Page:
From music to sports to theater, there’s nothing quite like going to a live show. It’s convenient to enjoy these pastimes from the comfort of our homes, but it just doesn’t compare to being there in person.
If you’re planning on buying a ticket for such an event, you generally have a few options: buying one at the box office, which has been made difficult by the second option, that is, buying through online services like Ticketmaster, or you can try your luck with a scalper (though we don’t recommend that as it’s illegal). But as it turns out, buying from Ticketmaster and buying from a scalper may not be as different as they appear…
Ticket scalping — reselling a ticket for an event — generally comes in two varieties. The innocuous version is when someone finds themselves with an extra ticket for an event that they can’t use so, in an effort to make their money back, they’ll try to sell the ticket off so some other person can enjoy the event and they can get their money back.
The more sinister form of ticket resale comes from people who are in it to make a quick buck. The idea is simple: buy some tickets for a show that you know will be sold out, then sell those tickets for a higher price than you bought them for.
In The Past
It used to be a very minor part of ticket sales, considering that if you wanted to be a ticket scalper, you would actually have to go down to the box office, wait in line for the tickets, then stand around trying to sell them on the day of the event, with no guarantees that you would even break even for your efforts.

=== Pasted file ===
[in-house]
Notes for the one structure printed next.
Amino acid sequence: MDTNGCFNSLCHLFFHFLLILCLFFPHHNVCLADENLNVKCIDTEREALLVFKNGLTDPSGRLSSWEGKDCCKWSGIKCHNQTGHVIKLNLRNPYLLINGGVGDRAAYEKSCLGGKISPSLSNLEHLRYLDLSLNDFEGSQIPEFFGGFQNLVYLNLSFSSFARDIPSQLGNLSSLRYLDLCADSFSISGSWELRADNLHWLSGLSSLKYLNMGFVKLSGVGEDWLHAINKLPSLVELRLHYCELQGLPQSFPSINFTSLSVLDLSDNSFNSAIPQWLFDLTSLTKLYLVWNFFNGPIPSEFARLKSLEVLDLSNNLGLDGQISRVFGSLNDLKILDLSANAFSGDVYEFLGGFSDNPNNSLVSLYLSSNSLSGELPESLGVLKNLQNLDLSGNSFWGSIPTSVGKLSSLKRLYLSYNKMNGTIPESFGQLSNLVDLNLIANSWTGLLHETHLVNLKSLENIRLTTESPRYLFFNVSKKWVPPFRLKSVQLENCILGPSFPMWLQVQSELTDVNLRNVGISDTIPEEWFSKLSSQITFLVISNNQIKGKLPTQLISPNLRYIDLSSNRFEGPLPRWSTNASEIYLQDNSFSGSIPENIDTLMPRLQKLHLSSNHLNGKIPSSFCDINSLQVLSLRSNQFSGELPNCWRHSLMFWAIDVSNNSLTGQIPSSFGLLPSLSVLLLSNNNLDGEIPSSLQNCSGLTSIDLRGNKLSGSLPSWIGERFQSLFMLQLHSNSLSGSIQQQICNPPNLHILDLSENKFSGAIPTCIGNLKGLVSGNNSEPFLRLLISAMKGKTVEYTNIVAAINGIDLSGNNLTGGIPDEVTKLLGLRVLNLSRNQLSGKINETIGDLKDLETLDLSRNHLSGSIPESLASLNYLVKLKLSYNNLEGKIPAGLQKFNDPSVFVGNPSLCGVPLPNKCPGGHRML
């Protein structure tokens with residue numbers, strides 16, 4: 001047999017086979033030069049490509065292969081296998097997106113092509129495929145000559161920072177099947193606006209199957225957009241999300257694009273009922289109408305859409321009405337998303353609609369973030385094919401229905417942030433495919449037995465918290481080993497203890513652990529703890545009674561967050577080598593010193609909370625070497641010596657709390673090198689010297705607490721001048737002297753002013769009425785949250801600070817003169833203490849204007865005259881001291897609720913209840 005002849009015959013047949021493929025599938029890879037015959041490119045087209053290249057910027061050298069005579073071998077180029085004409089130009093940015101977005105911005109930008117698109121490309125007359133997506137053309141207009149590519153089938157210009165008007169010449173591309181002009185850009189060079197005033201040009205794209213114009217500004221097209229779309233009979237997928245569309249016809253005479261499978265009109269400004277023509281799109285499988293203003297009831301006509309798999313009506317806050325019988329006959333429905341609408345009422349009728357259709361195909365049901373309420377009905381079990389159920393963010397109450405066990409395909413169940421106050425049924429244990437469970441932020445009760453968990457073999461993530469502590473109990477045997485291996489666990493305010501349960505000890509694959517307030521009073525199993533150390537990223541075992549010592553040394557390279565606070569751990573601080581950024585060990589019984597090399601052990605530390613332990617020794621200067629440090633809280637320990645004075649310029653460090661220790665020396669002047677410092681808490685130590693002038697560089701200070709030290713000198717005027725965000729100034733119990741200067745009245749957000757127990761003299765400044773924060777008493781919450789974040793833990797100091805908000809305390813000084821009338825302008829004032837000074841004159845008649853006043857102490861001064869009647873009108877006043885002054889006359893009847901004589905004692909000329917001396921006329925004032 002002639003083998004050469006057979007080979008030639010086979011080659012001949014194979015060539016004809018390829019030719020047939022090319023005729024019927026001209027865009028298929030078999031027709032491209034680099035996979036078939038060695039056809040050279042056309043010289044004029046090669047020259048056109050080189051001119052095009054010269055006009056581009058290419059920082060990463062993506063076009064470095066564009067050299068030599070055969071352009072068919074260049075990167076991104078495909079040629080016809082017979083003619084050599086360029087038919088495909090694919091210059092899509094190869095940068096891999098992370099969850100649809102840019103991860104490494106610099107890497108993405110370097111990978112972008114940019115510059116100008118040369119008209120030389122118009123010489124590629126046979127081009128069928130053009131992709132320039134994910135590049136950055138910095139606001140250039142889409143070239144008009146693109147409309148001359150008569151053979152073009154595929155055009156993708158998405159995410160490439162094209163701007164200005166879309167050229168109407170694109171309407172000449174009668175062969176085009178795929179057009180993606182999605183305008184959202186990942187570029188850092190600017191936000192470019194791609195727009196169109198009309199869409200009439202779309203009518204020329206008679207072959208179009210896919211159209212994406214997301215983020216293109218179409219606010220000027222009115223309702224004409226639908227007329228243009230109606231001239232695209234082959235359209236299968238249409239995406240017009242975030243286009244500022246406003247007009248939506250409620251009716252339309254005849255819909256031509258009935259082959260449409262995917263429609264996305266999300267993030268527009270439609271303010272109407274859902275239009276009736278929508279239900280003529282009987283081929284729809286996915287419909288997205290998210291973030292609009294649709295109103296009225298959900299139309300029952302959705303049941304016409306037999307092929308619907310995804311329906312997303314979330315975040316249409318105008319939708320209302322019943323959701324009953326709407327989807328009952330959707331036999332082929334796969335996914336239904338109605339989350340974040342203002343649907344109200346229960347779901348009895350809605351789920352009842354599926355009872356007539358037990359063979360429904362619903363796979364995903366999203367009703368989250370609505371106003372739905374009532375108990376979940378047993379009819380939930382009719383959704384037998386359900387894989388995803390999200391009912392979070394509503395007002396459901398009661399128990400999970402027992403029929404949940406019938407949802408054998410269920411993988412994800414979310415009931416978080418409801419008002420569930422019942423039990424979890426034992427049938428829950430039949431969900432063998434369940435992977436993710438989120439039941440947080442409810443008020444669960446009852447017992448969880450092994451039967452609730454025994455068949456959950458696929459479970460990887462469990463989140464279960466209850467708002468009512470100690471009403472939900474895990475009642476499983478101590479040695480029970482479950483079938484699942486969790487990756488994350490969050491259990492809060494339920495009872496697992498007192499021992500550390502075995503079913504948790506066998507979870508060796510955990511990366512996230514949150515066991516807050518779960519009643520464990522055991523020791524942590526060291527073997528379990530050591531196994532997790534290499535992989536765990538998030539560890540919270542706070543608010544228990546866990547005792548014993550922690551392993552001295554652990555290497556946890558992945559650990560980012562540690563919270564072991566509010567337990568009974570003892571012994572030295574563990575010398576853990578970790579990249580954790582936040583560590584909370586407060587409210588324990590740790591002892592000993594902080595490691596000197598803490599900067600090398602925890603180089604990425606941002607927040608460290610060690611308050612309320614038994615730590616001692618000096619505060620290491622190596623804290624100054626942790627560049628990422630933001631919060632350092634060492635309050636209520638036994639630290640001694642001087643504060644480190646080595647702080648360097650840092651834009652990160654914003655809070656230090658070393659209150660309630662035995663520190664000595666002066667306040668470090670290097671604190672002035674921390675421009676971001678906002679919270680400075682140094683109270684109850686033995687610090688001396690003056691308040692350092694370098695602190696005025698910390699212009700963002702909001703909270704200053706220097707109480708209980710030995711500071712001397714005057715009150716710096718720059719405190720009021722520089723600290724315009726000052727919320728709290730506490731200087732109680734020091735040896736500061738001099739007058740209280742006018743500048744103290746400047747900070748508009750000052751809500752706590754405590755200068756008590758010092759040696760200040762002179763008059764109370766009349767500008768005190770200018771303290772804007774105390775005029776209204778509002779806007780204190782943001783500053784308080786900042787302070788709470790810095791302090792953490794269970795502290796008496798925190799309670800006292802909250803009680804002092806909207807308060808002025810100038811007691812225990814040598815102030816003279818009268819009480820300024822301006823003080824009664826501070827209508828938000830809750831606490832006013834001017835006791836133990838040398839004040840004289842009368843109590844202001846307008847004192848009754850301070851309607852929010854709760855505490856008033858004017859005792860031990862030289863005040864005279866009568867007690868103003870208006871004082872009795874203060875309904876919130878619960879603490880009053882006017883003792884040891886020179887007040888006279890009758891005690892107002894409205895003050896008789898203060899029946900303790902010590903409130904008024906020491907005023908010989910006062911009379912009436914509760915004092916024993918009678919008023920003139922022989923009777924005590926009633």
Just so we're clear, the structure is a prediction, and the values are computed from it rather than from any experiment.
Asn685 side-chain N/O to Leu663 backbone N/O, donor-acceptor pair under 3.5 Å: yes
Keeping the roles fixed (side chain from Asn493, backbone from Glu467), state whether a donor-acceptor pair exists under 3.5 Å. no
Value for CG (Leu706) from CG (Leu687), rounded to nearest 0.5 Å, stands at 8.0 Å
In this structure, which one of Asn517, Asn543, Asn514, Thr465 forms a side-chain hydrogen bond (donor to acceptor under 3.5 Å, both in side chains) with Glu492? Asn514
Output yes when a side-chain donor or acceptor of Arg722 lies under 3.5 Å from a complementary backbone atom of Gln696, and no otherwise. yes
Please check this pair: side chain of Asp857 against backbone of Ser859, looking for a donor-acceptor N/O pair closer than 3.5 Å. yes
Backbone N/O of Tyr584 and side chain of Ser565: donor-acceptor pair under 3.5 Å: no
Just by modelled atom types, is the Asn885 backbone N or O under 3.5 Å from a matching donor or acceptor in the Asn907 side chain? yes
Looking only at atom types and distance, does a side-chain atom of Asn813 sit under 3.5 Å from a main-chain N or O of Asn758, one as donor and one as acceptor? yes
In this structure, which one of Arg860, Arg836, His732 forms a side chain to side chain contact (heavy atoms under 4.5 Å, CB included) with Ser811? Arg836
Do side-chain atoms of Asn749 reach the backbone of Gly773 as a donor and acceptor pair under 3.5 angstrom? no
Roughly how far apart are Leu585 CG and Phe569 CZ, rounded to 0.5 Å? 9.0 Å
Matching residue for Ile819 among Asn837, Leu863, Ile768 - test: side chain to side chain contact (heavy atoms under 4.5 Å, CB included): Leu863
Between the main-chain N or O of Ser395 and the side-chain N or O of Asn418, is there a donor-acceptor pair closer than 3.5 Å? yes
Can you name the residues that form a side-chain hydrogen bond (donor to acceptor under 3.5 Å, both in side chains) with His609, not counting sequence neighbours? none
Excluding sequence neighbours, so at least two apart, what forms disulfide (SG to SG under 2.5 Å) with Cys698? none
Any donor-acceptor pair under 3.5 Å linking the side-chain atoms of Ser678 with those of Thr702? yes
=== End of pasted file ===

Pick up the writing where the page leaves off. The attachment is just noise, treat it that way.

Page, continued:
But over the years, technology has drastically changed the way ticket scalping is done. As ticket sales migrated onto the internet — mostly through Ticketmaster — it got rid of some of the hassle of obtaining the tickets but online sales’ biggest advantage was that scalpers didn’t have to wait for the day of the event to sell off the ticket. Instead, they could post the ticket for sale online immediately after buying it, all but guaranteeing a sale if the event sold out.
As the risk of taking a hit on unsold tickets was cut down significantly, the profit margins of ticket scalping soared, meaning sophisticated groups got involved on the action. Instead of clicking and typing furiously to buy as many tickets as possible in the opening minutes that they were available, some people started employing bots — little computer programs that could buy up tickets much faster than any person could.
After bots were introduced into the game, events that would have sold out in hours online sold out in minutes and the only way for most people to get a ticket was from the secondary market. A lot of scalpers started making a lot of money and a lot of people were priced out of going to live events.
Seeing this kind of behavior that’s horrible for the consumer, ticket vendors could have taken steps to reduce abusive buying and reselling practices but aside from some token efforts, they didn’t do much. After all, they get paid the same if a ticket is bought by a fan or someone trying to make a buck. But what was even worse is that apparently, some ticket vendors were getting in on the scalping.
According to a report by CBC News and the Toronto Star, the box office giant “Ticketmaster [was] recruiting professional scalpers who cheat its own system to expand its resale business and squeeze more money out of fans.”